I used to play in a band with a chick named Elizabeth but she went by Lyz.
    yeah it doesn't make sense usually. but apparently when I was 2 or 3 i was called lizzy but i couldn't do z's in the middle of words and they came out b's and i had a sitter that decided i looked like a libby and it stuck. but i thought my name was libby until until i was 7 and we had to get icons of our patron saint's blessed by the priest and i had to choose an elizabeth i had no idea that was my name.
    In no likes experiment.

    that is all

    i dunno what else to say so
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  5. #75
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    Quote Originally Posted by prplchknz View Post
    yeah it doesn't make sense usually. but apparently when I was 2 or 3 i was called lizzy but i couldn't do z's in the middle of words and they came out b's and i had a sitter that decided i looked like a libby and it stuck. but i thought my name was libby until until i was 7 and we had to get icons of our patron saint's blessed by the priest and i had to choose an elizabeth i had no idea that was my name.
    As a nickname, it probably originated in american schools at a time when it was very common for several people to have the same name in a single classroom. Hence nicknames such as Jack for John--it doesn't make sense now because usually a nickname serves to shorten a longer name, which Jack in no way does to John, nor does it sound remotely similar, save for sharing one letter. However, suppose you were named John in a classroom in 1920. Chances are you were probably not the only John in that classroom, so the teacher needed an easy way to distinguish his or her students and make it easier to call on students who shared names without causing confusion.

    Still, how the hell people came up with some of these nicknames is beyond me. Libby as a nickname for Elizabeth at least makes more sense than Jack as a nickname for John.

  6. #76
    Senior Member prplchknz's Avatar
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    Quote Originally Posted by Starcrash View Post
    As a nickname, it probably originated in american schools at a time when it was very common for several people to have the same name in a single classroom. Hence nicknames such as Jack for John--it doesn't make sense now because usually a nickname serves to shorten a longer name, which Jack in no way does to John, nor does it sound remotely similar, save for sharing one letter. However, suppose you were named John in a classroom in 1920. Chances are you were probably not the only John in that classroom, so the teacher needed an easy way to distinguish his or her students and make it easier to call on students who shared names without causing confusion.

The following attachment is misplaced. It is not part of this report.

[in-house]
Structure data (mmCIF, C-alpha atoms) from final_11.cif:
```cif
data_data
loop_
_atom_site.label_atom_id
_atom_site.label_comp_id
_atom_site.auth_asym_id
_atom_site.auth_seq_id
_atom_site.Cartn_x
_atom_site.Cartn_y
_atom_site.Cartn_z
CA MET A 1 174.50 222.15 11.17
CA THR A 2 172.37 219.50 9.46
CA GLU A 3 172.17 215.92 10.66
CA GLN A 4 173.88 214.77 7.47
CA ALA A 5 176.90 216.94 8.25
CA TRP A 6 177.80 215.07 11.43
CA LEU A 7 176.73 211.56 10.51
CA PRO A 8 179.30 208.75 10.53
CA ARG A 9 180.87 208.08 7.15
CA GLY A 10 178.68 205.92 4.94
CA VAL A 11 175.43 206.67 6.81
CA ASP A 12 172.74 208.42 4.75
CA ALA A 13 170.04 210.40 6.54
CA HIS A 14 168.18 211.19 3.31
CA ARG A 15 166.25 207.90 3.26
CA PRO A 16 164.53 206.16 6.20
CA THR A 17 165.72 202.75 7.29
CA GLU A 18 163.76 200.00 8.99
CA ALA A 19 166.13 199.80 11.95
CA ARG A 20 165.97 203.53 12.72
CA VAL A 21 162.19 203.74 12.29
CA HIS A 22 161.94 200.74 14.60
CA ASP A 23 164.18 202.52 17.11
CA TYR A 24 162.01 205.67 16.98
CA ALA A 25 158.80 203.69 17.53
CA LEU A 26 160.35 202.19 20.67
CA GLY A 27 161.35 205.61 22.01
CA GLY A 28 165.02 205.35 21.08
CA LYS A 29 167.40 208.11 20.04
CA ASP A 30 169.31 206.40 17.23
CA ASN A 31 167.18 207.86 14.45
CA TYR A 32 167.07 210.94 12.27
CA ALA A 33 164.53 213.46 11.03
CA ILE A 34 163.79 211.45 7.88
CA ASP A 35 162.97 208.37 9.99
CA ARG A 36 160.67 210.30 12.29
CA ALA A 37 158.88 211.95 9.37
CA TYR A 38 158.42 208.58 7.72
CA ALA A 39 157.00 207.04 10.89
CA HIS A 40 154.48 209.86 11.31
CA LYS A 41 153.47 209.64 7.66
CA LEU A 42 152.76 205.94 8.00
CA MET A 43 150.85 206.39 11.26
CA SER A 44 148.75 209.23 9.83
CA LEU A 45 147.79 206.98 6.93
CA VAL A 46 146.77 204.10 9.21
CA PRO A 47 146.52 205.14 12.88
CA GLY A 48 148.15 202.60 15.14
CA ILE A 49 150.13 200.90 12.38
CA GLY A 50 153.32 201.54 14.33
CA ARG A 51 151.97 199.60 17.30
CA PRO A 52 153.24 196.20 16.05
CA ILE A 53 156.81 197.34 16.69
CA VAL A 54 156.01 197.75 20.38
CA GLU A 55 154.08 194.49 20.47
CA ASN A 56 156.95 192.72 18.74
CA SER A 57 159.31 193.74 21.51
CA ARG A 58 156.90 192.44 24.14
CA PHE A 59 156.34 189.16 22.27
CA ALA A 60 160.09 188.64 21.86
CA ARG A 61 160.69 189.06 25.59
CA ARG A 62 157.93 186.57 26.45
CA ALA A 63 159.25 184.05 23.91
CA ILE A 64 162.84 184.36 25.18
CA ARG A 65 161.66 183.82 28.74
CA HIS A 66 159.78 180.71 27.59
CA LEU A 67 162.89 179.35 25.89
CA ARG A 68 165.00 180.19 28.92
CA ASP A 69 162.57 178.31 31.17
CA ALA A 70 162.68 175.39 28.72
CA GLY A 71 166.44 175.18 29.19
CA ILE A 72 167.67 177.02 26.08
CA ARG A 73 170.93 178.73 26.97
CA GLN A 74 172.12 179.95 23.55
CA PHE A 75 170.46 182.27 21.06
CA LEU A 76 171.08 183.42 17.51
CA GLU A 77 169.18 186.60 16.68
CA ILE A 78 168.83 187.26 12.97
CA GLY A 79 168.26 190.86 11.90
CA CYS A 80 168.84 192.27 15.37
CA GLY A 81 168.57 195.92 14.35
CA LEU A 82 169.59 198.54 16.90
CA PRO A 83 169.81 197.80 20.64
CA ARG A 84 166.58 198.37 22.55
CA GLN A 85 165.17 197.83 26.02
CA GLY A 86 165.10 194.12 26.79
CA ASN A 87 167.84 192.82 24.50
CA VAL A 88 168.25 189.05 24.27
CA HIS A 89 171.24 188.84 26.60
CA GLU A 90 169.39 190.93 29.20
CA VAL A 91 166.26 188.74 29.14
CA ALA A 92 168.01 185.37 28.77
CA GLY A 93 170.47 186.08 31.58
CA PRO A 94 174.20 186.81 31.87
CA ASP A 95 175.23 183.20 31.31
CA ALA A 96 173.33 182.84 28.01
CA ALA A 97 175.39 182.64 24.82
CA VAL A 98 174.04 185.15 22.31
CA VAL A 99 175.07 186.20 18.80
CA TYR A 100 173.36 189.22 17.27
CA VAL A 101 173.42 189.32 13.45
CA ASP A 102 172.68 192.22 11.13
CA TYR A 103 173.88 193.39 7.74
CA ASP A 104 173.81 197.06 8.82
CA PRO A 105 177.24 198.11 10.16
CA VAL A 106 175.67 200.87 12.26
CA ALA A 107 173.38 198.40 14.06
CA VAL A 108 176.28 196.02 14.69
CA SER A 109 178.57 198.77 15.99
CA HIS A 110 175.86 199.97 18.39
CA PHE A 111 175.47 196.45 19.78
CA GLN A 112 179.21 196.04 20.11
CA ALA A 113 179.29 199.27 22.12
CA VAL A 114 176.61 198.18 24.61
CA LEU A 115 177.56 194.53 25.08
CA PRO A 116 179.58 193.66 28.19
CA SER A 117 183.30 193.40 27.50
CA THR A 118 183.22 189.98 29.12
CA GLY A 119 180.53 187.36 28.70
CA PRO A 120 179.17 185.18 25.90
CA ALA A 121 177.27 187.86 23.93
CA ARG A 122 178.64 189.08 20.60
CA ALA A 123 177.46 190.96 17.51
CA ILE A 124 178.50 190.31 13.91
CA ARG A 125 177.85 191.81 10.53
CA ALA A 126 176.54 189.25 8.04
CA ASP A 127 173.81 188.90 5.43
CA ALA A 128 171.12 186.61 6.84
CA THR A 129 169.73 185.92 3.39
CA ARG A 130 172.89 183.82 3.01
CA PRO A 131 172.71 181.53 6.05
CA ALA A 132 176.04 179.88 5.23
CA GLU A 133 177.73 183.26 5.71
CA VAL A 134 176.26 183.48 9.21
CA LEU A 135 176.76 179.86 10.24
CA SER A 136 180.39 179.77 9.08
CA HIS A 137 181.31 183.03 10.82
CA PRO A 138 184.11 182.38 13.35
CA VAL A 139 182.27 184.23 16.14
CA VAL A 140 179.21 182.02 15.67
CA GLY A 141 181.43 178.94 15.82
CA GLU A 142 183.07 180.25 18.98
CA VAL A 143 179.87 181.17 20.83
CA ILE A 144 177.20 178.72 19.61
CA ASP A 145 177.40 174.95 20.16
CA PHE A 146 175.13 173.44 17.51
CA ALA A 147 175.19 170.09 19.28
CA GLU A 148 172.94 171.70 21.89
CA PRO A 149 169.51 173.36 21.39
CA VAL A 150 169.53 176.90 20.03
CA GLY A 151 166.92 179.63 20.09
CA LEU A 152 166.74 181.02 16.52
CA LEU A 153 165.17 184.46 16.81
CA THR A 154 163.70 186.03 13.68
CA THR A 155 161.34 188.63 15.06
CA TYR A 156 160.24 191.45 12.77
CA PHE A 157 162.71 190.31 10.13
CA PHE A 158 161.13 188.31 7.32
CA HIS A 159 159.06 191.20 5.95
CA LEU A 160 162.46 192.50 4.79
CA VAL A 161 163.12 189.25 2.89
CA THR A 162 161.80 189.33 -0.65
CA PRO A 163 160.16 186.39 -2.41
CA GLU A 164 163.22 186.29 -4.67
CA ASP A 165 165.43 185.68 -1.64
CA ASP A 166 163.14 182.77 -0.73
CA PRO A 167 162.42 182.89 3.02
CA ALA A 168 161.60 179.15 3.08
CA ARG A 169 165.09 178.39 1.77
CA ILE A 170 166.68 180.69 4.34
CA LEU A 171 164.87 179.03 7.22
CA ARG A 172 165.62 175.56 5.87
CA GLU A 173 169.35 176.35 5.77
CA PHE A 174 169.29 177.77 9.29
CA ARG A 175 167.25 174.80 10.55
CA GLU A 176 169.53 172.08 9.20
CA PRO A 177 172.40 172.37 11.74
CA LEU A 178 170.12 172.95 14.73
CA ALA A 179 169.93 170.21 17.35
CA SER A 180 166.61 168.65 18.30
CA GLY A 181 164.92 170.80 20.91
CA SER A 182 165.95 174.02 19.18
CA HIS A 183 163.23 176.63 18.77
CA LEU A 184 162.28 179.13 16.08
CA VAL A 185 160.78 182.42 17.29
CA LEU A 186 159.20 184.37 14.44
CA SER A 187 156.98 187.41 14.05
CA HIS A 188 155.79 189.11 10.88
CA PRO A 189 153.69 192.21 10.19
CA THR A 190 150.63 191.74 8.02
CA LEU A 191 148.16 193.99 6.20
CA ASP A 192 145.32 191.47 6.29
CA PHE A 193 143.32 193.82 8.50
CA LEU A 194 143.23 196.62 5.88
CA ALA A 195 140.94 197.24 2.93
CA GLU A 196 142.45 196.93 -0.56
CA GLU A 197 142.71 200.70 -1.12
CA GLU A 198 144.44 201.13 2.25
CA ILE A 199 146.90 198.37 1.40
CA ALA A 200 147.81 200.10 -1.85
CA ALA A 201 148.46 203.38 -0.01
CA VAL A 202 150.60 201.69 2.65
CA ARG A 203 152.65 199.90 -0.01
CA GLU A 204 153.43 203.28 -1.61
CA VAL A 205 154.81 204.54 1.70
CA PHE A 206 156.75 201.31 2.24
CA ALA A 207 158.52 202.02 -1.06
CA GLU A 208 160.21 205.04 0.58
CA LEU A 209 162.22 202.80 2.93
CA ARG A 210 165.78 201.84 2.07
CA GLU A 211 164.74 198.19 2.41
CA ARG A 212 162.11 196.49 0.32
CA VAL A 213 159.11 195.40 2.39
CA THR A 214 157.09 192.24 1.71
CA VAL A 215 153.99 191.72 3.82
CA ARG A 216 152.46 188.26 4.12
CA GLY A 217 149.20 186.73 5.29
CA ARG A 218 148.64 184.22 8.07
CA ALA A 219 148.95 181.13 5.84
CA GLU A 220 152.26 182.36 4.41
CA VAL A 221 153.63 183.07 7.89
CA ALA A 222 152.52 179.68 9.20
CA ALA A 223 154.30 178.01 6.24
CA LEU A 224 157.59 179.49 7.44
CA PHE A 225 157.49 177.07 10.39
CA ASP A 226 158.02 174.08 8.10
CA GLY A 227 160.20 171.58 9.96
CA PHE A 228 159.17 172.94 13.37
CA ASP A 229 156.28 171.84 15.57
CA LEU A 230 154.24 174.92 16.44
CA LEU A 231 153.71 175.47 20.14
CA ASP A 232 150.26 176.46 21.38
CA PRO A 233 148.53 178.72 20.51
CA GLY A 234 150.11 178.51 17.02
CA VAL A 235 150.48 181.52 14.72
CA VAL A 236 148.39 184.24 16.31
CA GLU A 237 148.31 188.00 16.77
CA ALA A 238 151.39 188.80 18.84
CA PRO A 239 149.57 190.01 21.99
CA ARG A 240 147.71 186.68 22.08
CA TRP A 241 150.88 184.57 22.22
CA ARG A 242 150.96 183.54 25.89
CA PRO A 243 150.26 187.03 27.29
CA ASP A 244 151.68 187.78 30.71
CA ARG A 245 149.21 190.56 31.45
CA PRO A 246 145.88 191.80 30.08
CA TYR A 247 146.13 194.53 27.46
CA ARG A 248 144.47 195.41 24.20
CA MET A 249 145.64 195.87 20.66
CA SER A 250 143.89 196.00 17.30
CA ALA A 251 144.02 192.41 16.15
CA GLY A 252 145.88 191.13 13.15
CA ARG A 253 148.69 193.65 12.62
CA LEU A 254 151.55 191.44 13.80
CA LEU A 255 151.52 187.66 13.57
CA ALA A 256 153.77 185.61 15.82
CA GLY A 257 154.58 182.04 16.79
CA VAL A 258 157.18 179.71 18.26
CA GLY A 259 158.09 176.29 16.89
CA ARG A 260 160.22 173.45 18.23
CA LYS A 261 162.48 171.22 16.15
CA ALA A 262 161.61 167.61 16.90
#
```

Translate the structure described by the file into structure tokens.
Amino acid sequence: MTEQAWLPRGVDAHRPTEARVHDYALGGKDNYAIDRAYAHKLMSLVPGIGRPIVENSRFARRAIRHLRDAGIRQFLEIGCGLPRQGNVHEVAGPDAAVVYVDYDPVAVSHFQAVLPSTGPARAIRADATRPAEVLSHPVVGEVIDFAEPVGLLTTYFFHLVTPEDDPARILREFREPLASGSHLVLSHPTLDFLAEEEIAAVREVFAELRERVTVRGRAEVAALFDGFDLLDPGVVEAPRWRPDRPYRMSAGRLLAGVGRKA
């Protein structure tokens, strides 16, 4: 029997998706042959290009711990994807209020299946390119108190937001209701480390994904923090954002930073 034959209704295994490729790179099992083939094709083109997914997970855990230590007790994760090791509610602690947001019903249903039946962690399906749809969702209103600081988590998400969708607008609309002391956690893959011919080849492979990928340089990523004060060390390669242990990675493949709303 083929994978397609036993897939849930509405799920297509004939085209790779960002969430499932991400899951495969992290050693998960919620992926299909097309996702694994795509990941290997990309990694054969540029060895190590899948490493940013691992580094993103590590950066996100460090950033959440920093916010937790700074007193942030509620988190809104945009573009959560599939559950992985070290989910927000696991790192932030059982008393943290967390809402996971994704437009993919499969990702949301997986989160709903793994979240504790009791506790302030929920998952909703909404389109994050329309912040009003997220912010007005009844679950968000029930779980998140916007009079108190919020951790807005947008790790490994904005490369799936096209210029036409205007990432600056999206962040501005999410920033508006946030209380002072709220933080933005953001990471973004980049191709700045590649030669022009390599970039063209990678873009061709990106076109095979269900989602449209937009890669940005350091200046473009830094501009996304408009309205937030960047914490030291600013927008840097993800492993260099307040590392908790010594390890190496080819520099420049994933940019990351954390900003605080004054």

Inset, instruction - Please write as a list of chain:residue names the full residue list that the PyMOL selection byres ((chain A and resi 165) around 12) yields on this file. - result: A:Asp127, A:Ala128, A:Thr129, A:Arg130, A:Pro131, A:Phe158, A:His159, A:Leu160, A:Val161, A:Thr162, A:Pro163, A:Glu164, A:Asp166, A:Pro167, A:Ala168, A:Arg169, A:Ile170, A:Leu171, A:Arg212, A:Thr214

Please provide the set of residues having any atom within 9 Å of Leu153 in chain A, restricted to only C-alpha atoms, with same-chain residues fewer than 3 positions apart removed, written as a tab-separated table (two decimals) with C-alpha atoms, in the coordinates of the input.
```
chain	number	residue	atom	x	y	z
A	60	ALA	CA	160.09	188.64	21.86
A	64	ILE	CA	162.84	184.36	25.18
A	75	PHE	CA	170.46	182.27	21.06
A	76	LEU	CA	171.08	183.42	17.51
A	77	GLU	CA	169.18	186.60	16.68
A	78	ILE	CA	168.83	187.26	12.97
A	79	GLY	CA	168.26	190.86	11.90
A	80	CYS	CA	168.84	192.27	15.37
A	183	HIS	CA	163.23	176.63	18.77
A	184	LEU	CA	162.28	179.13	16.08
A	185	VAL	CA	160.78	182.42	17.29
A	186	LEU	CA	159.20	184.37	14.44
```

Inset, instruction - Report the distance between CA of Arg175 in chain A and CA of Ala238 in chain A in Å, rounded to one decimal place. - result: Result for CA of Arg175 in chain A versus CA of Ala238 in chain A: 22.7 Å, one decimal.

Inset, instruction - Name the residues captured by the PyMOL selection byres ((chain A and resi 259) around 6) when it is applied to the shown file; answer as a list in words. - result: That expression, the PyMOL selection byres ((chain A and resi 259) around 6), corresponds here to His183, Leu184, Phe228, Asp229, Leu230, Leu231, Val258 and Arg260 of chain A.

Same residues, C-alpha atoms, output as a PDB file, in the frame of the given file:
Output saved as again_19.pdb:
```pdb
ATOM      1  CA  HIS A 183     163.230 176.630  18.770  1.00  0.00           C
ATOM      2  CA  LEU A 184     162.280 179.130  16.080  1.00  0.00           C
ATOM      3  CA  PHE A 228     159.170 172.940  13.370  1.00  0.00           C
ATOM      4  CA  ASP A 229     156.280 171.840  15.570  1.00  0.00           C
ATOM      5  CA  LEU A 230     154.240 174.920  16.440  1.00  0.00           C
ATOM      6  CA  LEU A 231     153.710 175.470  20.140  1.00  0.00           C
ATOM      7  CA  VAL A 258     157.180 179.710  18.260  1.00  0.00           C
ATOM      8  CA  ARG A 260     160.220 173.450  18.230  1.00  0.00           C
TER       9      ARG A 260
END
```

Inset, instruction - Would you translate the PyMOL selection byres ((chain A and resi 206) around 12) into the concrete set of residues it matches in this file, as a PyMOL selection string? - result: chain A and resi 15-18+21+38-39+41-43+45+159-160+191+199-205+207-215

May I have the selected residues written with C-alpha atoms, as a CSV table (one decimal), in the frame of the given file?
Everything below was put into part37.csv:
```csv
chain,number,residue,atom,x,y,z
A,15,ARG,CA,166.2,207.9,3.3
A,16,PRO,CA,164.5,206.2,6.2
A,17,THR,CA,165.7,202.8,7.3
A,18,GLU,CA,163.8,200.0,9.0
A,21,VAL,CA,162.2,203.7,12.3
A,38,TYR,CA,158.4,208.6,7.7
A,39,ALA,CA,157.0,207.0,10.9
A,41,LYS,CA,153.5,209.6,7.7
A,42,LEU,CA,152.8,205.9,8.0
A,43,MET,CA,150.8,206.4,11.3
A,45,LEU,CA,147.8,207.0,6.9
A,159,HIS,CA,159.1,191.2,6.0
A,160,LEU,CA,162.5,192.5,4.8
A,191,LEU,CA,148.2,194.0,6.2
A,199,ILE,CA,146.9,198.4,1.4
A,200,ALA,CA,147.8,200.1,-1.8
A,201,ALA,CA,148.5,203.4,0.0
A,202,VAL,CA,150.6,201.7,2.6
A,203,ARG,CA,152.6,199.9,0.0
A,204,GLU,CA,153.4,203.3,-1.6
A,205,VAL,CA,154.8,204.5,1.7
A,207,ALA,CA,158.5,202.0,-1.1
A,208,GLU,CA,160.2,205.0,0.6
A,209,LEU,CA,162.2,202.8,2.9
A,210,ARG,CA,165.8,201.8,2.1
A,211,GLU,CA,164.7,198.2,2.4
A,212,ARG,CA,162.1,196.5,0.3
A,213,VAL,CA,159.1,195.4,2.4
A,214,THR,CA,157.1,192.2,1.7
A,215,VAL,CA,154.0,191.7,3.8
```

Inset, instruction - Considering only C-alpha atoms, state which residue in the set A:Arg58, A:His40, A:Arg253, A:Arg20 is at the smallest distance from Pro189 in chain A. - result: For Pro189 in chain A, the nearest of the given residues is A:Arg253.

Still, how the hell people came up with some of these nicknames is beyond me. Libby as a nickname for Elizabeth at least makes more sense than Jack as a nickname for John.
    true my dad's name was jack (not a nickname) so i didn't know until recently jack could be a nickname for john
    In no likes experiment.

    that is all

    i dunno what else to say so
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  7. #77
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    Quote Originally Posted by whatever View Post


    I'd always associated the name Leroy with white dudes who wear overalls with no shirt underneath and work in the type of auto garage/tow service that manages to fix cars without using any parts... they may also sport mullets
    I have never heard of a Anglo-Saxon boy being named Leroy; it strikes me as about at black a name as there is. Obviously I'm moving in different social circles to you.

  8. #78
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    Quote Originally Posted by prplchknz View Post
    true my dad's name was jack (not a nickname) so i didn't know until recently jack could be a nickname for john
    When I was a kid I got confused when old people reminisced about jack kennedy before I figured out he was jfk's alterego/superhero by night or whatever...

  9. #79
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    Quote Originally Posted by Kullervo View Post
    I have never heard of a Anglo-Saxon boy being named Leroy; it strikes me as about at black a name as there is. Obviously I'm moving in different social circles to you.


    Leroy Gordon Cooper, Mercury astronaut; the tenth man in space.



    Leroy Anderson, composer.


    etc.

  10. #80
    Senior Member prplchknz's Avatar
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    I knew a Leroy he was Indian and was born in Bahrain but his parents immigrated from India then to here. He was definetly not Anglo-Saxon
    In no likes experiment.

    that is all

    i dunno what else to say so